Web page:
Feminist Gayle Rubin’s theory that each society has a sex/gender system is an essential concept. Although useful to the analysis of the two tales depicted in this article, the theory but would not be suited to the analysis of fluid texts that have been adapted and shared orally for years. She describes this system as ‘the set of arrangements by which a society transforms biological sexuality into products of human activity’ (Rubin 2004:771). The sex and/or gender system evident within a social context, according to new historicism, will influence the ideas of gender that appear within literature from that context. Hence, in order to thoroughly analyse the gender ideas in these two Beauty and the Beast recreations, an understanding of their societies’ sex/gender systems is necessary.

Butler states that ‘woman’ does not necessarily exist, but rather people construct ‘woman’ through a number of gender performances. Important to her theory is the understanding that it is the actions of people that create gender identities rather than the gender identities that create the actions of people. In other words, the way people communicate and behave creates and continues gender expectations. More than just developing from behaviour, Butler states that language is also a performative act, stating that gender can be performed ‘through language, gesture, and all manner of symbolic social sign’ (Butler 1992:519). Language plays an integral part in gender performativity as ‘there is no gender identity that precedes language’ (Salih 2006:56); language and the words used in communication create particular gendered identities such as a masculine man or a feminine woman. Butler explains that language is neither a constant nor objective reality. Instead, its many rules have been created by and are learned by society, only to create the misleading understanding that using language in certain ways, which often continue patriarchal ideals, is normal. This means that ‘gender itself is naturalized through grammatical norms’ (Butler: 2002:xix), and that language plays a large role in limiting the possible performances of men and women.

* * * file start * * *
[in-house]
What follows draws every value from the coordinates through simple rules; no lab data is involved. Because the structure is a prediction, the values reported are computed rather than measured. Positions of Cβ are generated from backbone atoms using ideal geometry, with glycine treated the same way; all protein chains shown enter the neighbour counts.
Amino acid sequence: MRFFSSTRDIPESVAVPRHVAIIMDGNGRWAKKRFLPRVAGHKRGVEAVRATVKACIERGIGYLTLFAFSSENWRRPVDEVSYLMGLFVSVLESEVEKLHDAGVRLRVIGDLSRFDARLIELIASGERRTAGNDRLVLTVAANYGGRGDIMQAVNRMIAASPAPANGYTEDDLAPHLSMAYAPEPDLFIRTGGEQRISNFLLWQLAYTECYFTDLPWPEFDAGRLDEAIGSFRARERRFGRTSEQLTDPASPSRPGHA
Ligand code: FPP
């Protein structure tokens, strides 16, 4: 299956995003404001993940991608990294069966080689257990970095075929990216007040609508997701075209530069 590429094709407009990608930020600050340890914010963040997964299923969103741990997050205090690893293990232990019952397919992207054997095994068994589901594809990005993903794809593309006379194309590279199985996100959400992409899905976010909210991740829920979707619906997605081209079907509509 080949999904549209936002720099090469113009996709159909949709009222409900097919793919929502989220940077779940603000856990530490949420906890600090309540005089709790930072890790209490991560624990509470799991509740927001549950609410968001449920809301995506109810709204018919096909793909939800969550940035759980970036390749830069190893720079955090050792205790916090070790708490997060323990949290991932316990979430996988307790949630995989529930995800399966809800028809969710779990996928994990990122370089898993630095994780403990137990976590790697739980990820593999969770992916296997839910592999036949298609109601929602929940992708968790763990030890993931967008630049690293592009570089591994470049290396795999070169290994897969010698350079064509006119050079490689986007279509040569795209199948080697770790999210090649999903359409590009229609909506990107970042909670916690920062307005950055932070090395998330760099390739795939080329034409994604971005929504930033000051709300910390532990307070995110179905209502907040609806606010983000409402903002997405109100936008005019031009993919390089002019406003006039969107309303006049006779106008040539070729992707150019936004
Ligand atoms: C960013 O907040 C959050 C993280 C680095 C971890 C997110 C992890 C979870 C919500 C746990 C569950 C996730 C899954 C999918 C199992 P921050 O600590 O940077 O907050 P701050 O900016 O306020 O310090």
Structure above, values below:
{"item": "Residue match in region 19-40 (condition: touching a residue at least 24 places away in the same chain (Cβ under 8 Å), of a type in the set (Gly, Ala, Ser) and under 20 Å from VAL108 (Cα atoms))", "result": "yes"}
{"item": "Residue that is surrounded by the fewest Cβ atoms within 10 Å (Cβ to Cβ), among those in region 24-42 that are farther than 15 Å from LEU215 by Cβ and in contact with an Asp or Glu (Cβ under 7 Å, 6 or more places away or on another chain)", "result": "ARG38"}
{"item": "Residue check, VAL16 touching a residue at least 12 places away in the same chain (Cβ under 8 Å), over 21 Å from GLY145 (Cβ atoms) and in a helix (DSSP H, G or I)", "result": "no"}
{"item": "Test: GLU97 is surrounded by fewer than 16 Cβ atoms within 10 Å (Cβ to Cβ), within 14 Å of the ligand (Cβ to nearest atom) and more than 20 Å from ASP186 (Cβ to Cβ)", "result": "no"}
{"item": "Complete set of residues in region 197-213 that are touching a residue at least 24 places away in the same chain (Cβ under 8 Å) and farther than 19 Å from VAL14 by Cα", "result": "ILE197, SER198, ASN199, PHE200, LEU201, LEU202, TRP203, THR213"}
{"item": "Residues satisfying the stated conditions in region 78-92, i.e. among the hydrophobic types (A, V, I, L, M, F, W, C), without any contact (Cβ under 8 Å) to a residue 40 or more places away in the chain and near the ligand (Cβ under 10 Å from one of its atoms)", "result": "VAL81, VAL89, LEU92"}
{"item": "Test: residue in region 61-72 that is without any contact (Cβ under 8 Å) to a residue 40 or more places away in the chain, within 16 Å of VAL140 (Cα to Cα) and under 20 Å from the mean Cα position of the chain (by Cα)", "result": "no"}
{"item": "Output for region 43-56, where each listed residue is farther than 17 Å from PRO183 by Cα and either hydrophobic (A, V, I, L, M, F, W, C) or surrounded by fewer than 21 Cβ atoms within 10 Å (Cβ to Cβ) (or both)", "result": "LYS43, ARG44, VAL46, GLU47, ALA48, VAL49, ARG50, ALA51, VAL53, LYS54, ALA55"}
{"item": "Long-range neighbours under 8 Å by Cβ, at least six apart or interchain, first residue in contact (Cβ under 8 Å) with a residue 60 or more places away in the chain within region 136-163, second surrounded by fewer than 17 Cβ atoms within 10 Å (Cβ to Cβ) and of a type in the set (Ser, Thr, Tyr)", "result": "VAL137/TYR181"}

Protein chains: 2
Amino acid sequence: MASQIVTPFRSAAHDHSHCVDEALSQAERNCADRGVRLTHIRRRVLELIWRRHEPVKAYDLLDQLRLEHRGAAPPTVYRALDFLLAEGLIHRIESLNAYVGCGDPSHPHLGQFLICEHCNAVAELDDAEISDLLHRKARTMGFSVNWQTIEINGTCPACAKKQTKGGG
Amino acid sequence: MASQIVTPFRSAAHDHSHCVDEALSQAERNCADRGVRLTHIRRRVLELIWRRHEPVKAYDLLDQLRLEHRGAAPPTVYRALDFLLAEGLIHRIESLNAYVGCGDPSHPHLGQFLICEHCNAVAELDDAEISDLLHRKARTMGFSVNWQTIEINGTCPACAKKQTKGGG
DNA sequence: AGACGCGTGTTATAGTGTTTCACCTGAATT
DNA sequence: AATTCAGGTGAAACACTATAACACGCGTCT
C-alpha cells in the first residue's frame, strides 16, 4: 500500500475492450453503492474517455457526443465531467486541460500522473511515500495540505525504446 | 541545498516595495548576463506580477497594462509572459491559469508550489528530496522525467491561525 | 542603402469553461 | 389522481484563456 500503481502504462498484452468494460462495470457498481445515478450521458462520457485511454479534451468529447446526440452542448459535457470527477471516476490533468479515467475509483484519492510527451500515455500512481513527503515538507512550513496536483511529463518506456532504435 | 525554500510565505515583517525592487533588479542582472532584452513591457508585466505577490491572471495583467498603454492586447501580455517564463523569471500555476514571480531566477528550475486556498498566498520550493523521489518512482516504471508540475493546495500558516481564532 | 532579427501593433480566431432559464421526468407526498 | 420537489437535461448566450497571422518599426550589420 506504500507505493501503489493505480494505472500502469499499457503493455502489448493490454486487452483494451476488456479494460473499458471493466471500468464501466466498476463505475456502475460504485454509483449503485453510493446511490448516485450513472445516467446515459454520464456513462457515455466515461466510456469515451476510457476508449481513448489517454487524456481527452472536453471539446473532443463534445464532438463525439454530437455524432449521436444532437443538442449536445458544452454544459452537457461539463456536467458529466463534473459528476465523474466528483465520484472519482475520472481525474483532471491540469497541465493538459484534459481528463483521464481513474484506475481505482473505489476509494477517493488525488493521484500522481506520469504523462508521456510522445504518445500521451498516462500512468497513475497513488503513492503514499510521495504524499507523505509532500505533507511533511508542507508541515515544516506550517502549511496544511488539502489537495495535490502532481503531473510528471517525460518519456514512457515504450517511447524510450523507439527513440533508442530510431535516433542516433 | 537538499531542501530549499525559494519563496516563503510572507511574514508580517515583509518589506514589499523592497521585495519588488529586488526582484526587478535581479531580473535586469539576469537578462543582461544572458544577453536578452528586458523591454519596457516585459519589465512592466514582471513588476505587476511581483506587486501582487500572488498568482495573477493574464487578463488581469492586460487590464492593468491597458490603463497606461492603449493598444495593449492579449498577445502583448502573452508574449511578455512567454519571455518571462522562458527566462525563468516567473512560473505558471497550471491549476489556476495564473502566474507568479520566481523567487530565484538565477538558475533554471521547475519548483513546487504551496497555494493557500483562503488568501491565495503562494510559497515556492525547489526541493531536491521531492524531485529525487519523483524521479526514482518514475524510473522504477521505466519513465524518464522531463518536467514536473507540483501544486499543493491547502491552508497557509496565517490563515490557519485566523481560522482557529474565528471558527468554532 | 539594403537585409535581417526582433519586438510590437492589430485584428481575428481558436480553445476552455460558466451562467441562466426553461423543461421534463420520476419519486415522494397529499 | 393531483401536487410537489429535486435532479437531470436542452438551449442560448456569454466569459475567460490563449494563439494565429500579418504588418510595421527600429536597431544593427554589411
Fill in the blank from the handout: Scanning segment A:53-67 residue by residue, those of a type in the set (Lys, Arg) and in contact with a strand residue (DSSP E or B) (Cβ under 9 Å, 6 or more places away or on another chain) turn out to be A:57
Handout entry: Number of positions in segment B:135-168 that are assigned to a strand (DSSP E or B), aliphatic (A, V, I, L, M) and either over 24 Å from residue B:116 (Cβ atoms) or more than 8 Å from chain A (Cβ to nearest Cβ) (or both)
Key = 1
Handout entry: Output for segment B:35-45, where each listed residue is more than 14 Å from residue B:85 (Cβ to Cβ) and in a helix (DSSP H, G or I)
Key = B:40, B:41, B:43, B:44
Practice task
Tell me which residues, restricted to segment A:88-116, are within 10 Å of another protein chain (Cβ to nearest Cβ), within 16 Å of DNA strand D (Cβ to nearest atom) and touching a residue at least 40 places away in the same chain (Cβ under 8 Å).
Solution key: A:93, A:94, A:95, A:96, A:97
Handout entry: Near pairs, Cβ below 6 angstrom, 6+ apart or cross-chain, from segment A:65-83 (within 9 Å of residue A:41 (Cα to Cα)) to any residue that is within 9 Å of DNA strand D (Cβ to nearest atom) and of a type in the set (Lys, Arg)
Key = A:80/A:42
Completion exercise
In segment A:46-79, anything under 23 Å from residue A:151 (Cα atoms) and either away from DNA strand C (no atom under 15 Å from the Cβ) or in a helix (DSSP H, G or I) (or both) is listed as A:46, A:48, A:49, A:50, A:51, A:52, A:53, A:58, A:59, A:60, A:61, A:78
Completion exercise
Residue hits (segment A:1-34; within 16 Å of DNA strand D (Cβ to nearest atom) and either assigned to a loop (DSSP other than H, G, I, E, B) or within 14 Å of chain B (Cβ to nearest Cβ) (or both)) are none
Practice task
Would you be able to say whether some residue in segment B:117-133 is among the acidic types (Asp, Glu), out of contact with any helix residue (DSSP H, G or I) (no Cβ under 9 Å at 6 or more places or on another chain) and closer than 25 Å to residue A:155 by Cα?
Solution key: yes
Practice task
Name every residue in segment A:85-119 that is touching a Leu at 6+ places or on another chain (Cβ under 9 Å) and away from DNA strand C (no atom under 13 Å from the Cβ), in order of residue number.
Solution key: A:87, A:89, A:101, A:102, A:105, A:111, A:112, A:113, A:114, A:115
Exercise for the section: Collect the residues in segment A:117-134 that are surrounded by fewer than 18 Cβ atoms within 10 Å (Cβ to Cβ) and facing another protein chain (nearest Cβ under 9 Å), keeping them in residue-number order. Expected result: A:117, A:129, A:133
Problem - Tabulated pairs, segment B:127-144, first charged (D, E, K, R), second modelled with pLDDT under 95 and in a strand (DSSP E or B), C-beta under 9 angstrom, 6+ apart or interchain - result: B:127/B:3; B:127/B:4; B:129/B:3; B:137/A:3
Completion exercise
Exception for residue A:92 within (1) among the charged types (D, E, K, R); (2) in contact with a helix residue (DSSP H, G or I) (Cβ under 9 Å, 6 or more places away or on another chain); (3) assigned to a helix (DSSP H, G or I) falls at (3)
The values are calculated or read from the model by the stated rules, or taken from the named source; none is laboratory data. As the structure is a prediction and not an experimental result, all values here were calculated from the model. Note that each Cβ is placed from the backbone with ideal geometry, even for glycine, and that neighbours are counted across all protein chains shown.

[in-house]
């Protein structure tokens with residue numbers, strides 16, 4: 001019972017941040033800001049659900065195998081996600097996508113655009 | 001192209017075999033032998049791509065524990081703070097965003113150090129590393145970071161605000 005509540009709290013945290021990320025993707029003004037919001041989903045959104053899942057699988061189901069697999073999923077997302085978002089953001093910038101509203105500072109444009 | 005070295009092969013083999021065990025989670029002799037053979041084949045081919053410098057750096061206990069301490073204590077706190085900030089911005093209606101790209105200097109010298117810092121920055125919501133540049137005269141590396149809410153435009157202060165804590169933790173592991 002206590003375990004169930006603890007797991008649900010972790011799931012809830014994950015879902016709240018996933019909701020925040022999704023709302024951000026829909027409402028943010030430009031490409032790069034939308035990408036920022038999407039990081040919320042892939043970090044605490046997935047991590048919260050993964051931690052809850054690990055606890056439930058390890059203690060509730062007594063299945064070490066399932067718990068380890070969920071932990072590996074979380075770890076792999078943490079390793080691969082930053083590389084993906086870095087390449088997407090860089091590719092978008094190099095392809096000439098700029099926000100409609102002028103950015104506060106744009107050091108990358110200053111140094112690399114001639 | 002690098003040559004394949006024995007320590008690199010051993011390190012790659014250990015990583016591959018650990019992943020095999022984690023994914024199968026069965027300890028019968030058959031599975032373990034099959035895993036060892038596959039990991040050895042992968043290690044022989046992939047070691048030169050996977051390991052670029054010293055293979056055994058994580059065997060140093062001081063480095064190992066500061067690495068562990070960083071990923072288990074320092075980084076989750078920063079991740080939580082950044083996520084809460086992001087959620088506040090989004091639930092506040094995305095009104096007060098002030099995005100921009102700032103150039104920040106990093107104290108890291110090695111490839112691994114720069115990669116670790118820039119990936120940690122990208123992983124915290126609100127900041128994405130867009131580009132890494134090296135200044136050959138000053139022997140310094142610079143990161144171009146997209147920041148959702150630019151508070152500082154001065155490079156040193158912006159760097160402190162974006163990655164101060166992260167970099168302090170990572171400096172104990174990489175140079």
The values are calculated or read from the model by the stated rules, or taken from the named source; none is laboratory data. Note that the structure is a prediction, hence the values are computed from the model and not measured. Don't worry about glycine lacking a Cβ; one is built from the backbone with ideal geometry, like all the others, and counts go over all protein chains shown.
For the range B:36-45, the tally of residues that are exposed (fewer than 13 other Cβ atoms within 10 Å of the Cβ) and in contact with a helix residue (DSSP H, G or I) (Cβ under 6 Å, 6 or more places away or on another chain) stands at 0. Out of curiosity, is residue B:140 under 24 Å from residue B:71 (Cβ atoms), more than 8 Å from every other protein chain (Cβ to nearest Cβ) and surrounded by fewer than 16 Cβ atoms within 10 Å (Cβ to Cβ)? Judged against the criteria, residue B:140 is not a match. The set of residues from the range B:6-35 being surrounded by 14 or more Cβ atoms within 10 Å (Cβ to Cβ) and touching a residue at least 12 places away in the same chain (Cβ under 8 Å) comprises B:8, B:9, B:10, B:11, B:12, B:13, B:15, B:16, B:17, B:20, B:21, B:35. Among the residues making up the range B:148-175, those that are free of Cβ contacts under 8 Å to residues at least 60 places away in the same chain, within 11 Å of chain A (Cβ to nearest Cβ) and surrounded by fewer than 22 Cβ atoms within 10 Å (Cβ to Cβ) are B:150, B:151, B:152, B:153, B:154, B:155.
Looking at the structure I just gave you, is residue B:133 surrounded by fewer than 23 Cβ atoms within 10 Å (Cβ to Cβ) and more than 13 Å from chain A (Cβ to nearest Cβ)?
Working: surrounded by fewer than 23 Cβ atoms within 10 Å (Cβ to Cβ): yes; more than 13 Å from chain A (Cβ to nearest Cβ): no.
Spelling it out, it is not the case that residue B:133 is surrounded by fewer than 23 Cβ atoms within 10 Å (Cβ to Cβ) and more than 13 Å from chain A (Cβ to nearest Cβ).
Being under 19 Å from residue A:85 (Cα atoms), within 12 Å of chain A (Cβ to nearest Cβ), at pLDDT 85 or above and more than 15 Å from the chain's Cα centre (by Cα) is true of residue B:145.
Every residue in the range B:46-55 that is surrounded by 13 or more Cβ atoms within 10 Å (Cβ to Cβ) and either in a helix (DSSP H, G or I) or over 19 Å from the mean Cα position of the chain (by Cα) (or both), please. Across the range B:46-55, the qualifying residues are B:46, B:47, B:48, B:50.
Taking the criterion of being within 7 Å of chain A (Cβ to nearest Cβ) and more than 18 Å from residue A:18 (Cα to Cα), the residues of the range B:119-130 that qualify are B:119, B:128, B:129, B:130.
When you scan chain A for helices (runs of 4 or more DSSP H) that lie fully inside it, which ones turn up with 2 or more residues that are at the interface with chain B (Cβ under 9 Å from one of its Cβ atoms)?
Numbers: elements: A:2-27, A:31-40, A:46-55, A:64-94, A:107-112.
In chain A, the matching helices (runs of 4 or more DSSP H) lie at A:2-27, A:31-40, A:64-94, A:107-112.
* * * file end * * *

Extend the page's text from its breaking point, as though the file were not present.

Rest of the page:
The study analyses the tales by Ritchie and Carter, discussing the characters’ behaviours and relationships in order to determine the gendered ideas of each tale. Moreover, through discussing the social context, an understanding of how the sex/gender system of a particular social era influences the literature published within it is also achieved.

The 19th century: A period of patriarchal rule